The Kāhili Flower is a member of the Protea family and goes by a number of names including Ha'ikū, Bank's grevillea, Red Silky Oak, and Spider Flower. Interestingly enough, both the words Ha'ikū and Kāhili Flower are Hawaiian and Ha'ikū literally means Kāhili Flower. The word Kāhili means feather standard which refers to the large feather topped staff carried by the kings escorts. A number of plants which have flowers that resemble the shape of the feathers on the staff have Kāhili as a part of their name, including the Kāhili Ginger.
The Kāhili Flower is native to Australia where it is an extremely popular plant for both ornamental as well as ritual use. The plant contains 5-pentadecylresorcinol and tridecylresorcinol that can both cause dermatitis in humans. Because of the reaction the plants secretions have on the skin it was used by the Aboriginal Australians to scarify their bodies.
Dermatitis can result from casual contact such as wearing leis that contain the flower or even contact with sawdust from cutting down a bush or simple gardening. Additionally, Kāhili Flower secretions can cross react with toxicodendron that is found in mango trees.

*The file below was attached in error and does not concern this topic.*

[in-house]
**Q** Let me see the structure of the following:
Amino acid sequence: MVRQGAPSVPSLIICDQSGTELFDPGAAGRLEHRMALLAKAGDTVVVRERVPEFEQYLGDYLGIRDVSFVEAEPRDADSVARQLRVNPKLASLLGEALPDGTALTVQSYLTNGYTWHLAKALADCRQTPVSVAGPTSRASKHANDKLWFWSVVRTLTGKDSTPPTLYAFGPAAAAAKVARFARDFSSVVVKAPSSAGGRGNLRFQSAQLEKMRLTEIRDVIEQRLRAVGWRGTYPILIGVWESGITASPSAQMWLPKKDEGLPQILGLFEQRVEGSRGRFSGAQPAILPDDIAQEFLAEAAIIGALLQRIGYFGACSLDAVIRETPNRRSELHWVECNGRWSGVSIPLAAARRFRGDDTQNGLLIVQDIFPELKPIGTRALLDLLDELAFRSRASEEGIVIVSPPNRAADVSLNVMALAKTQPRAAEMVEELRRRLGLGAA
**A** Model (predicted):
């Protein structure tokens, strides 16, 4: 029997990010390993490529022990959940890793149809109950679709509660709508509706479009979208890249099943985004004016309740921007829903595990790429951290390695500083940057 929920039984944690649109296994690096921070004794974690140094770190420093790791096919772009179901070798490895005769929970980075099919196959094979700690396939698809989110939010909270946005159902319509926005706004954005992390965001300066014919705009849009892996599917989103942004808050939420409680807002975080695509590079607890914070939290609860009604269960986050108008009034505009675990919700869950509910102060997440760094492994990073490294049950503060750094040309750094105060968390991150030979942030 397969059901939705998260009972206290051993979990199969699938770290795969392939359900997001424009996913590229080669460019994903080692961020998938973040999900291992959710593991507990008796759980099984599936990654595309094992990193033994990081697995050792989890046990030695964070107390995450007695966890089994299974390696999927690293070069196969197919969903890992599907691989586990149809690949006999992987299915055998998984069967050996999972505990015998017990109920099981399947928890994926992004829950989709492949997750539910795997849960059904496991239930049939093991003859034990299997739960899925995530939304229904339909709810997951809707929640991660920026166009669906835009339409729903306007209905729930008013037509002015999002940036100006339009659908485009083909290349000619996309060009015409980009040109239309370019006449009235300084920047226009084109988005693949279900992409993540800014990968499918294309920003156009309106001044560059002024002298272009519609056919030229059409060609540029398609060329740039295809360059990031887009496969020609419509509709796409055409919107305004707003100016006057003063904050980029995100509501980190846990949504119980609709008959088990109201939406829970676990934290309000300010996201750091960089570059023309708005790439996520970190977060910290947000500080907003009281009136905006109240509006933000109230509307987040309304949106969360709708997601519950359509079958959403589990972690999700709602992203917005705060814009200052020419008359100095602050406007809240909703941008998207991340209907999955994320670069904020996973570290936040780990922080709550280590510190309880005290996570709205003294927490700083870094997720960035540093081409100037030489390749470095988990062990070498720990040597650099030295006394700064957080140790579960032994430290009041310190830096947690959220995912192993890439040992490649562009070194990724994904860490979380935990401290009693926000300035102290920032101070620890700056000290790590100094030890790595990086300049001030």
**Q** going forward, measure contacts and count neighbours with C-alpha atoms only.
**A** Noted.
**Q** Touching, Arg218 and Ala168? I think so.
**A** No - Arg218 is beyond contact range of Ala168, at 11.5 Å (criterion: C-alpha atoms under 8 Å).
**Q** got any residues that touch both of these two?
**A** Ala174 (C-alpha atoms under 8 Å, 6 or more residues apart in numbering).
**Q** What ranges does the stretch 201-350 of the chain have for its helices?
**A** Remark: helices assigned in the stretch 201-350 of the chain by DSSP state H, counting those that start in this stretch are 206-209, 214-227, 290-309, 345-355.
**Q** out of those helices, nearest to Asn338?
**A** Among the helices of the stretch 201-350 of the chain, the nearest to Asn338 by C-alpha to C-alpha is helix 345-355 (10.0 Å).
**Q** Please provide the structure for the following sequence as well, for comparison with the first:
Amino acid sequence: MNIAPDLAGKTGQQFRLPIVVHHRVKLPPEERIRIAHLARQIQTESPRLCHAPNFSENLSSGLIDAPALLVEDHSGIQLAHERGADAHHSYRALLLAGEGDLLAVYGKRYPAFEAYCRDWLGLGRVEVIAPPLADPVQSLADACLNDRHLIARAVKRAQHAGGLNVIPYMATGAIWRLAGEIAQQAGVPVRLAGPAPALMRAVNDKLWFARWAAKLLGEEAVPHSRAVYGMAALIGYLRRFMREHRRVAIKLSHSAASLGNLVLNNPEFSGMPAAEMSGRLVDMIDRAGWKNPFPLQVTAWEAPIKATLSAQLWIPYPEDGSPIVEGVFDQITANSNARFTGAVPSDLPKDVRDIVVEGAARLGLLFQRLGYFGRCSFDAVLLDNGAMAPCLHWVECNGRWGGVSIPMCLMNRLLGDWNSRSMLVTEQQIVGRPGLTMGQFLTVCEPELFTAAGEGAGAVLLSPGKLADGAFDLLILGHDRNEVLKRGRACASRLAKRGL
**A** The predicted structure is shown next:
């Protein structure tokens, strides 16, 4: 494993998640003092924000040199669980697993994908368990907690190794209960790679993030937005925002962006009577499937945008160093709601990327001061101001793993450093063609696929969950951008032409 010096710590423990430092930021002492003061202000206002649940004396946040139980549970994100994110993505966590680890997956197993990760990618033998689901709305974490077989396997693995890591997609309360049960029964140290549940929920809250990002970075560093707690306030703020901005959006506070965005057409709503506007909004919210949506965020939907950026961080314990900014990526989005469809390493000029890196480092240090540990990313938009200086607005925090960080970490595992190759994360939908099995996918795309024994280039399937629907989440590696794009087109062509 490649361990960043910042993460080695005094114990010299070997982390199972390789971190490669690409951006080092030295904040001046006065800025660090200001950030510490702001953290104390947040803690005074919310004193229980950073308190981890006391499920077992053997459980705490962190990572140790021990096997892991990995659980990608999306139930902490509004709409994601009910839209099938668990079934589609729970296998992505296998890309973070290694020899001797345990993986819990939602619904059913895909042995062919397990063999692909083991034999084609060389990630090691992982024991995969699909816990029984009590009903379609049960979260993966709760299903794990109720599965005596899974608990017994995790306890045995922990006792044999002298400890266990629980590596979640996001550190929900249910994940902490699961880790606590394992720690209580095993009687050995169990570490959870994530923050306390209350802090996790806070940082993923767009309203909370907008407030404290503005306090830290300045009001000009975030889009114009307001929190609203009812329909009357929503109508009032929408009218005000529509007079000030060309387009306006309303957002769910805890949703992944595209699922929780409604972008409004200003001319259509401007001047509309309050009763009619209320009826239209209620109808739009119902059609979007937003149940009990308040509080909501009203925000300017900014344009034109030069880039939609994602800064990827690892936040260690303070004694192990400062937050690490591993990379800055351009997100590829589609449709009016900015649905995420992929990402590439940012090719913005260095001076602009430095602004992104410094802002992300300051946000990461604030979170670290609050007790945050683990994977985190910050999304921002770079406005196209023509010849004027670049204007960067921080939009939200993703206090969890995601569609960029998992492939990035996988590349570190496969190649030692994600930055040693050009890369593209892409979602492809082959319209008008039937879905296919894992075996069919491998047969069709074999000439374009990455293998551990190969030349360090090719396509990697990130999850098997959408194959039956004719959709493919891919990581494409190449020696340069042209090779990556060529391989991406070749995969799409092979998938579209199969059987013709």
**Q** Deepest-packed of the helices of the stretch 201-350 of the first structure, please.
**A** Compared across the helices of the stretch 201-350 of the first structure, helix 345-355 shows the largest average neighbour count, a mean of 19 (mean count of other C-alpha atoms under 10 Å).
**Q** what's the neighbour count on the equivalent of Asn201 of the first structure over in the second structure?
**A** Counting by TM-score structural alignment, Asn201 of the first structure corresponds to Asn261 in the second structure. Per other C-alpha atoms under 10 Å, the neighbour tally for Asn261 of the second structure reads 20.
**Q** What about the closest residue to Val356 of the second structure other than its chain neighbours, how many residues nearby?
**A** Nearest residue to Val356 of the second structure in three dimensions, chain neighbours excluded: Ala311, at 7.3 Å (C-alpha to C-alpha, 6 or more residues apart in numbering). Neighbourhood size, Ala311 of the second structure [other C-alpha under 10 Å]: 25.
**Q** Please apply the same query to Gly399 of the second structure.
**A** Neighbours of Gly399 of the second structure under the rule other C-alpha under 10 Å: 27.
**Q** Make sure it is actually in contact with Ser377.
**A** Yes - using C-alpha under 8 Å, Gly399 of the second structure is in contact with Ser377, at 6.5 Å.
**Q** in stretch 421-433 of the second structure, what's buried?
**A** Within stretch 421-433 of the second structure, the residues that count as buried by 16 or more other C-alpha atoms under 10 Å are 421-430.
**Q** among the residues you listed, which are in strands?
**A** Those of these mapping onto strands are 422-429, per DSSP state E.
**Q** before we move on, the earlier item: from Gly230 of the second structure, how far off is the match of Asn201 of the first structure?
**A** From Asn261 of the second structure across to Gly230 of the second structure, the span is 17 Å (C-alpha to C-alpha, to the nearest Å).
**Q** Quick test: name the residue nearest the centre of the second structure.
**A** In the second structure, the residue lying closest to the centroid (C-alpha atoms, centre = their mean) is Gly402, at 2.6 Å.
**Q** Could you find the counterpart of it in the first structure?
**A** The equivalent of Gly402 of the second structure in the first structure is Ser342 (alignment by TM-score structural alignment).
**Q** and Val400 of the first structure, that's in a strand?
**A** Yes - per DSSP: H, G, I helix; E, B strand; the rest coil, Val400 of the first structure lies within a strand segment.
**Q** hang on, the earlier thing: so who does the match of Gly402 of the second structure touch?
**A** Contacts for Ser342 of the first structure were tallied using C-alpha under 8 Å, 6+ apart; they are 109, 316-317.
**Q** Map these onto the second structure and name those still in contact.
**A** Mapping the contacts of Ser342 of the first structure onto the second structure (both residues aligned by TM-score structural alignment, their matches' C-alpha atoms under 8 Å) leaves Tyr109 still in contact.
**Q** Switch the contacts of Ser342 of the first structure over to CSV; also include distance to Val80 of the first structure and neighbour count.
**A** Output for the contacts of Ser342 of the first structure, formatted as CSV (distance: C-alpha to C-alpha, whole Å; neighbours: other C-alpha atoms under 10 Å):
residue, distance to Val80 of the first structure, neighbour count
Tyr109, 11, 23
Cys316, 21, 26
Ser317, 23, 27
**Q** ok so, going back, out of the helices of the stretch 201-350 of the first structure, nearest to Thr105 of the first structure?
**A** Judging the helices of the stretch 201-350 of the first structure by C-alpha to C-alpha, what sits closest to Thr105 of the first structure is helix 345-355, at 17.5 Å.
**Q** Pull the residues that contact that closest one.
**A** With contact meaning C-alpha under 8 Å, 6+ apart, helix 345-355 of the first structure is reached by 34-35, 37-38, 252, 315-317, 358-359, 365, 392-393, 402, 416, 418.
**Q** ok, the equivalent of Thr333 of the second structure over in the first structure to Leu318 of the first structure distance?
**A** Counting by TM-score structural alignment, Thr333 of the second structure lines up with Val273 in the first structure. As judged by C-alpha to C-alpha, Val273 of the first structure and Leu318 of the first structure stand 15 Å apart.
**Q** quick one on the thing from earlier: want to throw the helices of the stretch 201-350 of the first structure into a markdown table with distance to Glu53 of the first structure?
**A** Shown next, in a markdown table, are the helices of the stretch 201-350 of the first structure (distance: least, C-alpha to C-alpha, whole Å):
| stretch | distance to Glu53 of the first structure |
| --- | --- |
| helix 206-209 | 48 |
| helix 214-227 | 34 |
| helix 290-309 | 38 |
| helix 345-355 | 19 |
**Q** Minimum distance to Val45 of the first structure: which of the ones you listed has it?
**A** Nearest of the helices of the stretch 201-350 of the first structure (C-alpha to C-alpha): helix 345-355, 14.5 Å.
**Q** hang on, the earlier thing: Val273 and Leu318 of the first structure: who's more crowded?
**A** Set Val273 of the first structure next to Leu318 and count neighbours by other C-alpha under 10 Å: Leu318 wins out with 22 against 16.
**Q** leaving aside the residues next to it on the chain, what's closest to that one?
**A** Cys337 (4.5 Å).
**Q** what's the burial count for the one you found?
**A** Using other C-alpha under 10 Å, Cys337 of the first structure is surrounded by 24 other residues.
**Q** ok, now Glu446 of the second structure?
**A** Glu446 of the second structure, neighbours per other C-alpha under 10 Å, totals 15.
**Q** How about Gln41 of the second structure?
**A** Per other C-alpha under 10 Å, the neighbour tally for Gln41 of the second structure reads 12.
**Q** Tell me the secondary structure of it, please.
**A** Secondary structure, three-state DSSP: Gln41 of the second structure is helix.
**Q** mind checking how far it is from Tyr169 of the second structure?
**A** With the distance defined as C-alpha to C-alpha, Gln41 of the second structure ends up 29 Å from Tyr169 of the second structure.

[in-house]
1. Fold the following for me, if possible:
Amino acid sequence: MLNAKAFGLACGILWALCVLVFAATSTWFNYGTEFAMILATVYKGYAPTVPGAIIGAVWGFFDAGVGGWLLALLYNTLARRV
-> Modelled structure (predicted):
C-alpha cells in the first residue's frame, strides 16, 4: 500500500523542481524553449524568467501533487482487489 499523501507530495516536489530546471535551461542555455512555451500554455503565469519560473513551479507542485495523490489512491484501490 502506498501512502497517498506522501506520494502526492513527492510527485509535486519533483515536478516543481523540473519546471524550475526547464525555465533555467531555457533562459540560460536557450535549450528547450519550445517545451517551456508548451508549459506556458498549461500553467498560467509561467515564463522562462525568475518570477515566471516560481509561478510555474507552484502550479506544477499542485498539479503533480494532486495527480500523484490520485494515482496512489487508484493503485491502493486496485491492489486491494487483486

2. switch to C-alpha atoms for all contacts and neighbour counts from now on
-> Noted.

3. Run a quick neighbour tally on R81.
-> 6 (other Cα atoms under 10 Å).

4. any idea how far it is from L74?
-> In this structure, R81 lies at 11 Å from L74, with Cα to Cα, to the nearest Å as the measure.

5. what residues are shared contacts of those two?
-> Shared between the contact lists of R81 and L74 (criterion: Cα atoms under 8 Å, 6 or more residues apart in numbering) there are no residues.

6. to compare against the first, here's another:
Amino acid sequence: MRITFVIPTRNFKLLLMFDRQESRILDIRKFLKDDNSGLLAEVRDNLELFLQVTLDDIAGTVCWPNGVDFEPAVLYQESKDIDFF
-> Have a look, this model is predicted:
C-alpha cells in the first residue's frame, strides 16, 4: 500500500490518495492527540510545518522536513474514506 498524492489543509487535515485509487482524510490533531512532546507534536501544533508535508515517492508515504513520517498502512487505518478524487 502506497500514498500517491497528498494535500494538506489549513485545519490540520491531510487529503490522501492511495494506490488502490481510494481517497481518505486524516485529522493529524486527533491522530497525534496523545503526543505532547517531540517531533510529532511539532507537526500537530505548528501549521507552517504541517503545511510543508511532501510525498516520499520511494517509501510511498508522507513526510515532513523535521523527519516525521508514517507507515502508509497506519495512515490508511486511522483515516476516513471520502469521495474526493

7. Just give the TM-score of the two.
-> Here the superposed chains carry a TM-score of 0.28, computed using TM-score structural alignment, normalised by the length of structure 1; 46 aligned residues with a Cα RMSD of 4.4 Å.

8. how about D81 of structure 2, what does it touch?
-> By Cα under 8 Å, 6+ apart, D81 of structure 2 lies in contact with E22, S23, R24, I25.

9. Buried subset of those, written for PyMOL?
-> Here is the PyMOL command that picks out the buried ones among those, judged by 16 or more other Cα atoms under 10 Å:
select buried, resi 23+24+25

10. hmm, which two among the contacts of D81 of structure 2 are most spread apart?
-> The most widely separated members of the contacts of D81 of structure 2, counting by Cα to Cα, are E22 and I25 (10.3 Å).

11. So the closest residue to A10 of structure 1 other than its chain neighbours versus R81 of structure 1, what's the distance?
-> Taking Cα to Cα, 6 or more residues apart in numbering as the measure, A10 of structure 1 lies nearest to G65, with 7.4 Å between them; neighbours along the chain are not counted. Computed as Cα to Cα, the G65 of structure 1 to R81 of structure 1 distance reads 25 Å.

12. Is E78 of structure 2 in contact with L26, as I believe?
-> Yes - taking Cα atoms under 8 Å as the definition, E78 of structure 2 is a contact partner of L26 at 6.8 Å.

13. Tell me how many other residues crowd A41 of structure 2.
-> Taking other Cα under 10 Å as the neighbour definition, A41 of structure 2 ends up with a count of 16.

Kāhili Flower is extremely invasive and is listed with the US State Noxious Weed List as being a noxious weed in 43 states. The shrub grows 10 to 15 feet high and 20 to 25 feet wide and has unusual fingered leaves with extremely beautiful flowers that go from white to yellow to deep red to pink throughout the flower. Small seedpods easily release seeds which quickly grow causing the species to multiply if not kept in check.
When we first encountered this flower and shrub it was on The Great Crack Hike. Suddenly along the trail we encountered a huge expanse of these beautiful trees. We had never seen anything like it before and once we returned we were unable to find out anything using our standard research resources. An Email containing a picture of the plant was dispatched to the botany department at the University of Hawai'i and brought the quick reply that it was indeed the Kāhili Flower.
The shrub was obviously invasive to us, seeing how many there were in this one location, but a large number of them were tipped over. We were curious whether or not this had been done by humans trying to get rid of the plant, or by heavy winds we had recently in a storm. Our conclusions were that this was primarily wind damage as the shrubs were down in a random order (some near the road, some away from the road) and we tried to push a smaller shrub over and it tipped quite easily with just one person shoving. Apparently the roots of this plant have a hard time penetrating the hard lava rock and tend to branch outwards, making even the large, well-established plants easy to uproot and tip over.